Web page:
The gift of falling leaves


  • Lindsey Aparicio
If I could, I'd have all of the leaves fall directly from the trees onto the barn floor each year ā€” they make good bedding for the goats. Or, maybe Iā€™d have them all just blow into my garden, to make sure that next year's soil is black and rich and full of earthworms!

Leaves are fall's way of giving us an annual gift of free mulch and exceptional compost. But for many, raking them has become a yearly, after-your-favorite-football-game weekend chore. Instead of things of beauty, trees get viewed as a nuisance just begging to be chopped down, so that you'll never have to rake again.

And in our manicured landscapes, trees are no longer dropping their fall leaves to become a protective blanket for the soil and its micro and macro organisms, beginning the yearly process of decomposition to feed the soil; they are dropping them only to be trucked off to improve the soil at the dump. If things other than plastic bags grew at the dump, I might be in support of the idea, but they don't. 

I get it: Depending on the amount of trees in your yard, raking leaves is a time-consuming, tiring process ā€” and especially frustrating when the wind is blowing. It's a chore I don't always look forward to, either, but if you're going to spend so much time and energy cleaning them up, why not keep the bags out of the dump and put the leaves to a good purpose in your own yard?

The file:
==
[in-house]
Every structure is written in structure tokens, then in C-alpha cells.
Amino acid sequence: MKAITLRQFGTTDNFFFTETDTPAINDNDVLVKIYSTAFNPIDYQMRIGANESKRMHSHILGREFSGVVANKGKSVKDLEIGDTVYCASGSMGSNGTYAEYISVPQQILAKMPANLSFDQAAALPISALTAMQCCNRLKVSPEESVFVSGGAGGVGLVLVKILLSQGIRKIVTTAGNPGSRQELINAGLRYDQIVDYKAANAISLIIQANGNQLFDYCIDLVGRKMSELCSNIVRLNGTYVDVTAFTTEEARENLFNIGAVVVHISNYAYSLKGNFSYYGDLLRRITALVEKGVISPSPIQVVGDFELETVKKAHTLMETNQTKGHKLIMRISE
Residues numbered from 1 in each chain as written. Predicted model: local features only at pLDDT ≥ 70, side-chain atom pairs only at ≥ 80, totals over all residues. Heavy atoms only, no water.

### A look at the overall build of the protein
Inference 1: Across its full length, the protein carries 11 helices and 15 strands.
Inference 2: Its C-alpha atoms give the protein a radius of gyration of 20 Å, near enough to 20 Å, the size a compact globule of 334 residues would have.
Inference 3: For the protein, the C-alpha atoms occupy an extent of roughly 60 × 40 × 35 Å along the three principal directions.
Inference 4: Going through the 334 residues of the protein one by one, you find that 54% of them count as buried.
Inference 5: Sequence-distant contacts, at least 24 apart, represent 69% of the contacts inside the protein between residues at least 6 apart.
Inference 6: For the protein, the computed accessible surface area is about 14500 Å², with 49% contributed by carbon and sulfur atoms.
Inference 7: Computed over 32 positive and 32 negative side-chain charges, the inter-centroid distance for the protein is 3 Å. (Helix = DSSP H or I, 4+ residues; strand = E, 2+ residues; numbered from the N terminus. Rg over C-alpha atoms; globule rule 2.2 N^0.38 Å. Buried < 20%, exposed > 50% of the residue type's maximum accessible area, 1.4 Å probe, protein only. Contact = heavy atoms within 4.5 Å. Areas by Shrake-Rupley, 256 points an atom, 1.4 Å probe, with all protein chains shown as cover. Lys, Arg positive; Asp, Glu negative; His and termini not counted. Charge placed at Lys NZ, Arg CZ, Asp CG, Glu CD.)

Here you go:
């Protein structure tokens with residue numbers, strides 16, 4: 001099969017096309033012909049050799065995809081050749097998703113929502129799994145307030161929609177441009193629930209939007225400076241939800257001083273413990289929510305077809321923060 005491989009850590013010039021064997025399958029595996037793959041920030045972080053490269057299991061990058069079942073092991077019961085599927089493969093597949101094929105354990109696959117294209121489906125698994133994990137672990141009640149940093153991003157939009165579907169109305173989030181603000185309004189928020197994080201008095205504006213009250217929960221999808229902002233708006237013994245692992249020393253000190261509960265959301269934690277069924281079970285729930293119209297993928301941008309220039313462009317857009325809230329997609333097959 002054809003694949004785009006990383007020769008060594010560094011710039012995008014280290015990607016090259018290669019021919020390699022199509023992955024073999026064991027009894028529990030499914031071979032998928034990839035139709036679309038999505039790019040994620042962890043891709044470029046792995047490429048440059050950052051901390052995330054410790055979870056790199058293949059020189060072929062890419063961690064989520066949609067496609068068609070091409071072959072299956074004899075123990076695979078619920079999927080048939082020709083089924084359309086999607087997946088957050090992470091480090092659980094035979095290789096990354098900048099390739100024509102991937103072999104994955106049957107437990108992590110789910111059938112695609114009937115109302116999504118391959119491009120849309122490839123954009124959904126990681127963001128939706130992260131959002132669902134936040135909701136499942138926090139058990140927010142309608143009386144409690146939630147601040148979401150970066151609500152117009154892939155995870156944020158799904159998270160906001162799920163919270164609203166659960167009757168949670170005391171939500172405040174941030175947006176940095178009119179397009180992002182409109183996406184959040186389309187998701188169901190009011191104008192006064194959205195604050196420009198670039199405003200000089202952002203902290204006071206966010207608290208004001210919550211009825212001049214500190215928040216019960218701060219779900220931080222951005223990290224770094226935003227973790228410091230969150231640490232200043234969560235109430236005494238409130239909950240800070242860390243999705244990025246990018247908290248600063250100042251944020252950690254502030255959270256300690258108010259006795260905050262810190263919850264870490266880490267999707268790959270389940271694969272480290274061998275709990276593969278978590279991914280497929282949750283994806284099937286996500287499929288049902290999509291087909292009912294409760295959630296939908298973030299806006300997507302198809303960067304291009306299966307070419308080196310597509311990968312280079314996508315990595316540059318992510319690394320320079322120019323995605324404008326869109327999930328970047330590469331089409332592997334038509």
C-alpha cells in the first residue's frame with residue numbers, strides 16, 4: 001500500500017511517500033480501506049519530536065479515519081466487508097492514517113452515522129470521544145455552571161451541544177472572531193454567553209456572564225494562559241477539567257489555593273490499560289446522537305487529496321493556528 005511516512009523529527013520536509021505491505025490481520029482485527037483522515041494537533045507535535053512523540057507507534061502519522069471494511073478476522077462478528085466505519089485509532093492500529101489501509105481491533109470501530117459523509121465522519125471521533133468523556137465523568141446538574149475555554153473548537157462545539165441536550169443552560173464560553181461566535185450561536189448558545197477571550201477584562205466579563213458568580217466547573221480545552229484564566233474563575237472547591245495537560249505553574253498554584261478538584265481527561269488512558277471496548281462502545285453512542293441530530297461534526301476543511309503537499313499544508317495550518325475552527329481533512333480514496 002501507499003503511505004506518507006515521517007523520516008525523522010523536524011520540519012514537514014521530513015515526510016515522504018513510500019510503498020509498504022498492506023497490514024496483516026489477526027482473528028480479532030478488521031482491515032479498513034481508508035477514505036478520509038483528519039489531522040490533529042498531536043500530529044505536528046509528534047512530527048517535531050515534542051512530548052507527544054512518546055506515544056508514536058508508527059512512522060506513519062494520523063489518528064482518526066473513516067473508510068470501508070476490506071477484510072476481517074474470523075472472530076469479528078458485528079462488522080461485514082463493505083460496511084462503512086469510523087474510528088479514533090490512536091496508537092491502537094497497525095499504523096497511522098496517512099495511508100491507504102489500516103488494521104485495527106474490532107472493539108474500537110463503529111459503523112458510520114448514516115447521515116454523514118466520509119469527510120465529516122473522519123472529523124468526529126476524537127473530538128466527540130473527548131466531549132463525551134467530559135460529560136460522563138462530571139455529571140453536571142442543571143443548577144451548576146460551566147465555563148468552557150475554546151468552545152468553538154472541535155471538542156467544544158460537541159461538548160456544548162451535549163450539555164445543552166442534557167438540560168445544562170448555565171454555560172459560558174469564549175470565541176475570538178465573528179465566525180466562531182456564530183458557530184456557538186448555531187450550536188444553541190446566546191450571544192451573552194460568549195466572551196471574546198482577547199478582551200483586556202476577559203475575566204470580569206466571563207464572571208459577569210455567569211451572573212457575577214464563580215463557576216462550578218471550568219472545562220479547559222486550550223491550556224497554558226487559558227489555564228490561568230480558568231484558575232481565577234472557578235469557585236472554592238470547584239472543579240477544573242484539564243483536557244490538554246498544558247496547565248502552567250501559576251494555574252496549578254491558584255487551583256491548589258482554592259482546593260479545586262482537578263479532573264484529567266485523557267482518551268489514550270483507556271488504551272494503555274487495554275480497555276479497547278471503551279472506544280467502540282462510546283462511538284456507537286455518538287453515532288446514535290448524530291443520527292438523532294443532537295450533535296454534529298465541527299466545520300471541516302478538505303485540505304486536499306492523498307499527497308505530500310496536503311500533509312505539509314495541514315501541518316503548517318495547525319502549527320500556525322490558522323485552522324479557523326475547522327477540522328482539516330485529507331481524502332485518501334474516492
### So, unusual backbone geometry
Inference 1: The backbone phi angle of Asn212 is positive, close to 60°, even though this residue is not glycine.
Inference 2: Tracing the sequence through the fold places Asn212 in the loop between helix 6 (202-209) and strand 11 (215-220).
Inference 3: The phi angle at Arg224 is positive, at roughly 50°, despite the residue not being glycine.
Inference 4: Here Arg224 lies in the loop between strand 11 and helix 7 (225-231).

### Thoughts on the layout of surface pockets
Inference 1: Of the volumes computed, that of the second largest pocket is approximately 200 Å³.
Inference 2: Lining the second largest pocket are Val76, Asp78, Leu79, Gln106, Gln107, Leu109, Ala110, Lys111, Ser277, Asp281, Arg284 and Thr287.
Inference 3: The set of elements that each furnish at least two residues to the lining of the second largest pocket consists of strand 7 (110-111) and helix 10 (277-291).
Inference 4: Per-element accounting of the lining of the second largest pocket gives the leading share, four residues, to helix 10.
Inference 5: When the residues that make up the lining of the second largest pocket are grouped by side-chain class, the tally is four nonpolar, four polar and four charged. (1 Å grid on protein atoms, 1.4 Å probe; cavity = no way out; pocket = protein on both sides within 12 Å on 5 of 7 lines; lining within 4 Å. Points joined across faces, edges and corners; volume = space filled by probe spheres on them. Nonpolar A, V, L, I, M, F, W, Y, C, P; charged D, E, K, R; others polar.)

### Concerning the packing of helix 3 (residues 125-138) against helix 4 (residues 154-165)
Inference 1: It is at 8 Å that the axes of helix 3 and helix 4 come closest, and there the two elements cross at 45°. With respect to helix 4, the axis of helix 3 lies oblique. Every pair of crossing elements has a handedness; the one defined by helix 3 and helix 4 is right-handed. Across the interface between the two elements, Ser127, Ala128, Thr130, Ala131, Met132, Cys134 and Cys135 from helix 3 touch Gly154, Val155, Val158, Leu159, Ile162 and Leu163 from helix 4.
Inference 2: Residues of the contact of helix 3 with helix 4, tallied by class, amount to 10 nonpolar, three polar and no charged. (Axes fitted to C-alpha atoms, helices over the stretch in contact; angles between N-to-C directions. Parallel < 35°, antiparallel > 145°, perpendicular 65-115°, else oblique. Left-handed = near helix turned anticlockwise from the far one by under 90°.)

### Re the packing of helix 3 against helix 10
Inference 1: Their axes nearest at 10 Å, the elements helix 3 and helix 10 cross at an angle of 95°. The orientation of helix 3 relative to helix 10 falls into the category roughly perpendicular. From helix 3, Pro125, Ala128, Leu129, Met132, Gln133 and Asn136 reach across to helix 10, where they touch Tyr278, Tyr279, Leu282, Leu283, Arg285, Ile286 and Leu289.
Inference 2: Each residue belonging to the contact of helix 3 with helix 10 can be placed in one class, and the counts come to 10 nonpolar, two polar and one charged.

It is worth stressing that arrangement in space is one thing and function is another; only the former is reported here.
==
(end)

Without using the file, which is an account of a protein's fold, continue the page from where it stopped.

Here are some suggestions to keep your leaves at home:

1. Rake them all directly into your perennial flowerbeds, and step on them so they'll bed down and have less risk of blowing away.

2. Leave them under the tree that dropped them. (Just like what happens in nature.)

3. Put them all right on top of your vegetable garden and step on them so they'll bed down (as in #1). Then, in the spring, mix them into your soil.

4. Pile them up in a back corner of your yard and cover them with branches so they'll stay there. In the spring, remove the branches and spread the broken-down leaves around your outdoor plants for mulch.

5. Find a neighbor who wants them.

6. Stuff a scarecrow with them.

7. Use them as bedding for your chicken's nest boxes and/or your goats!

And if you can't commit to keep all of your leaves this year, start small. Instead of sending 10 bags to the dump, send eight, and keep the other two bags to use in your yard. But, if you're ready to keep them all, go for it!

Your yard will love you forever.

Lindsey is a city girl turned urban farm girl. She and her family are the proud stewards of a few milking goats, a lot of working chickens, an organic garden and a budding orchard. Just around the corner is the city. But she, and her farm, are hidden by the rocks. Follow her on Twitter (@goatcheeselady) and FaceBook (The Goat Cheese Lady) or visit her website ( E-mail questions, comments, suggestions, etc to Lindsey at:

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